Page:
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Friday, 09 October 2020 16:41

AASP/NJ: Citing Section 64 Could Backfire on Insurers

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AASP/NJ Executive Director Charles Bryant, pictured at the New Jersey State House, urges collision repair facilities to fight for their right to be paid fair and reasonable labor rates for the quality repairs they perform. AASP/NJ Executive Director Charles Bryant, pictured at the New Jersey State House, urges collision repair facilities to fight for their right to be paid fair and reasonable labor rates for the quality repairs they perform. Provided courtesy of AASP/NJ

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Non-DRP shops in New Jersey often receive requests to match DRP pricing from insurers, who cite NJ 17:33B-36.1, commonly known as Section 64.

AASP/NJ Executive Director Charles Bryant has voiced a plethora of concerns related to this statute and its impact on labor rates, but he recently pointed out the “terms and conditions” phrase within Section 64 could require insurers to rethink their position on using it to force “prevailing” labor rates.

 

Section 64 begins: If an insurer has a financial arrangement with one or more auto body repair shops or other repair facilities or a network of facilities for the purpose of repairing vehicles covered under physical damage, collision or comprehensive coverages, the insurer shall not deny a person the right to select an auto body repair shop or other repair facility of his choice for repair of a covered vehicle, provided that such auto body repair shop or other repair facility elected by the person accepts the same terms and conditions from the insurer, including, but not limited to, price, as the shop, facility or network with which the insurer has the most generous arrangement.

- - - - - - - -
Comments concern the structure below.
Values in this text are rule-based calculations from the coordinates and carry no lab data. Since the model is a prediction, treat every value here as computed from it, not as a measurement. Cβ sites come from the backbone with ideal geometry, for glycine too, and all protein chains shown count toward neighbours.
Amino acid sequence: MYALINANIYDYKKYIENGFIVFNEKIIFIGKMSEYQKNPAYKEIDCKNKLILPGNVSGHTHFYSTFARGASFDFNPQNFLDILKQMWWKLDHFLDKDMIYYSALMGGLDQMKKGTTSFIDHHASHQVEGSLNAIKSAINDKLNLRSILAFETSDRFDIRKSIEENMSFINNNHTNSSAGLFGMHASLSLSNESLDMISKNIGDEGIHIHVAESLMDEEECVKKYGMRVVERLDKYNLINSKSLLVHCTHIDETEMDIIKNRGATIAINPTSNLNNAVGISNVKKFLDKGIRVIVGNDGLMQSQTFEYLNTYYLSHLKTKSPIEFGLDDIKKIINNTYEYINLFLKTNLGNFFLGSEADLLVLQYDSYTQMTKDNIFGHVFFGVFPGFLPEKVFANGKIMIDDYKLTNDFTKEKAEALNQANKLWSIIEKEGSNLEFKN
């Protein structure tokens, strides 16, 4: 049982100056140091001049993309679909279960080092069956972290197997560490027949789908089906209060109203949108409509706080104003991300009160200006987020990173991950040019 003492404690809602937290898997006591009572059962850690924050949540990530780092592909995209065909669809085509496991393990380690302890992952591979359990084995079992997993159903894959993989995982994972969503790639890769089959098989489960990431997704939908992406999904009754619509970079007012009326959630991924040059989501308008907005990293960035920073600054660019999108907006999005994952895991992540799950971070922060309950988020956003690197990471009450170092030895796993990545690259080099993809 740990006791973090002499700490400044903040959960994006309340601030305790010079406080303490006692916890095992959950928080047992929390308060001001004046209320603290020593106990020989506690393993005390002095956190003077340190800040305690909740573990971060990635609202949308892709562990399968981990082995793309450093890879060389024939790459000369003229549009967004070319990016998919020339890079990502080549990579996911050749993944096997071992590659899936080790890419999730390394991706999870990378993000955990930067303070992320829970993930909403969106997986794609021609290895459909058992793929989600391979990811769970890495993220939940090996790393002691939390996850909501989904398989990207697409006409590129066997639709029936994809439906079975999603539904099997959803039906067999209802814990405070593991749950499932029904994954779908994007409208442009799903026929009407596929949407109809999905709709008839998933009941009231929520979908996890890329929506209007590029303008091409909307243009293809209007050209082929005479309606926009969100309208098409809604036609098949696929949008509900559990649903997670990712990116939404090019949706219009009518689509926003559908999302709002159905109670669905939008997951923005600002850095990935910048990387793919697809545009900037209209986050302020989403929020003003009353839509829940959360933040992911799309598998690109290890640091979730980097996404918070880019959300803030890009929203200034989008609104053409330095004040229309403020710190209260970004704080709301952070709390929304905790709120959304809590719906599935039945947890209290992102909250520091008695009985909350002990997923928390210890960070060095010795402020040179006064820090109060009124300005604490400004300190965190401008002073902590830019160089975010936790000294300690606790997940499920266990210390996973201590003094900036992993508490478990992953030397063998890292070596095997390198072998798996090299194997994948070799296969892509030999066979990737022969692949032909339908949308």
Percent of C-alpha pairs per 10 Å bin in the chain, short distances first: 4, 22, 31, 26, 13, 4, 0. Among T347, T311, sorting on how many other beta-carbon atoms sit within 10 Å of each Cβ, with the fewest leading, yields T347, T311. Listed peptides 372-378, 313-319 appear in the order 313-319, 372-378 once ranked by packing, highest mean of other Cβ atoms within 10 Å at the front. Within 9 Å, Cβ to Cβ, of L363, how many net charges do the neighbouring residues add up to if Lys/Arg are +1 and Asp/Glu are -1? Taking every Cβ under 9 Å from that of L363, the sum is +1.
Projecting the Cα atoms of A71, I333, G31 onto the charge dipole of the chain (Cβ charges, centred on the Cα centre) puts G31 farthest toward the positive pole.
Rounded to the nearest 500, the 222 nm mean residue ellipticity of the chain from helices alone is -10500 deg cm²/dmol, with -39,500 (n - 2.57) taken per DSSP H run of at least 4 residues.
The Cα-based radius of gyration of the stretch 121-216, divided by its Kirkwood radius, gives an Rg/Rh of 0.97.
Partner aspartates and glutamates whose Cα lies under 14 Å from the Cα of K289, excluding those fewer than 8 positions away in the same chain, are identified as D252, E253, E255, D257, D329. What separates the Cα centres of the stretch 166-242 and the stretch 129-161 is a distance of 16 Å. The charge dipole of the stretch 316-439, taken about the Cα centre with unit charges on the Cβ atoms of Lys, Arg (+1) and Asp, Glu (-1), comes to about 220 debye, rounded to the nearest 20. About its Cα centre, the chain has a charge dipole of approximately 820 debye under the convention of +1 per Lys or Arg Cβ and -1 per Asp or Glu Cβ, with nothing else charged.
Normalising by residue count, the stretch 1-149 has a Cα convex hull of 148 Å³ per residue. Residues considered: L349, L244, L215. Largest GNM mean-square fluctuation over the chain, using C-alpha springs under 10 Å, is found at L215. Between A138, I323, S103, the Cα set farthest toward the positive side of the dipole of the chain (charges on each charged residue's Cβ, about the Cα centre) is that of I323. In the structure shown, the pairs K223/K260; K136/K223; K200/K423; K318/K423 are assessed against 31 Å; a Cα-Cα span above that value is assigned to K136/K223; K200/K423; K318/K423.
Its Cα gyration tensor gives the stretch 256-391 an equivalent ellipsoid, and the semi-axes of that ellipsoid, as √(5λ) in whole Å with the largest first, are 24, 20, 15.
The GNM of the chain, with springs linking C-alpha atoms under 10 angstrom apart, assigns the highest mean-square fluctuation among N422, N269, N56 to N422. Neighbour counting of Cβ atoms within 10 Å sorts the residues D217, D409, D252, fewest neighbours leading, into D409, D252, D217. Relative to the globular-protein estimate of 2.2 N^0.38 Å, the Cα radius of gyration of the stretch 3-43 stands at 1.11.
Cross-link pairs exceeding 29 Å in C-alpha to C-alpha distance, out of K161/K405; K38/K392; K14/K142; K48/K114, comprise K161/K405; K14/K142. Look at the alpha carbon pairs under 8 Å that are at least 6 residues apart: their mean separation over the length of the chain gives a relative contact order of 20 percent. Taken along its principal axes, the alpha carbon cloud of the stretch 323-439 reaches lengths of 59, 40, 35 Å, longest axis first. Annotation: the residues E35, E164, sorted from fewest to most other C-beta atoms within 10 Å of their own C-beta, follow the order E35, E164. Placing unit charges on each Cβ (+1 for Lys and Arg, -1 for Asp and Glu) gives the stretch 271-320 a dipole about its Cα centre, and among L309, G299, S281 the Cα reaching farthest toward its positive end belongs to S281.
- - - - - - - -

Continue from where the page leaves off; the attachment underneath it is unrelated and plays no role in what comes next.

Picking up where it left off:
Bryant suggested independent collision facilities, when asked by insurers to match a DRP shop’s prices, have the right to request a copy of the DRP agreement in order to review the terms and conditions.

 

Shops could also demand to join the DRP and, as a DRP shop, employ the ability to act as the appraiser. AASP/NJ offers a form to help member shops convey this message to insurance companies.

 

Referencing an unpleasant encounter with an insurer that cited Section 64 to mandate rates, Bryant recalled how the shop’s request for DRP benefits changed the insurer’s attitude from “very nasty and rude and obnoxious” to “the nicest people you want to see,” who were eager to resolve the shop’s problem.

 

Bryant’s argument provides a great reminder that DRP prices are not standard door prices; the shop with a DRP relationship has agreed to a reduced price in exchange for certain concessions, and an independent shop that likewise concedes to those price reductions are entitled to the same privileges in exchange for the pecuniary shortage.


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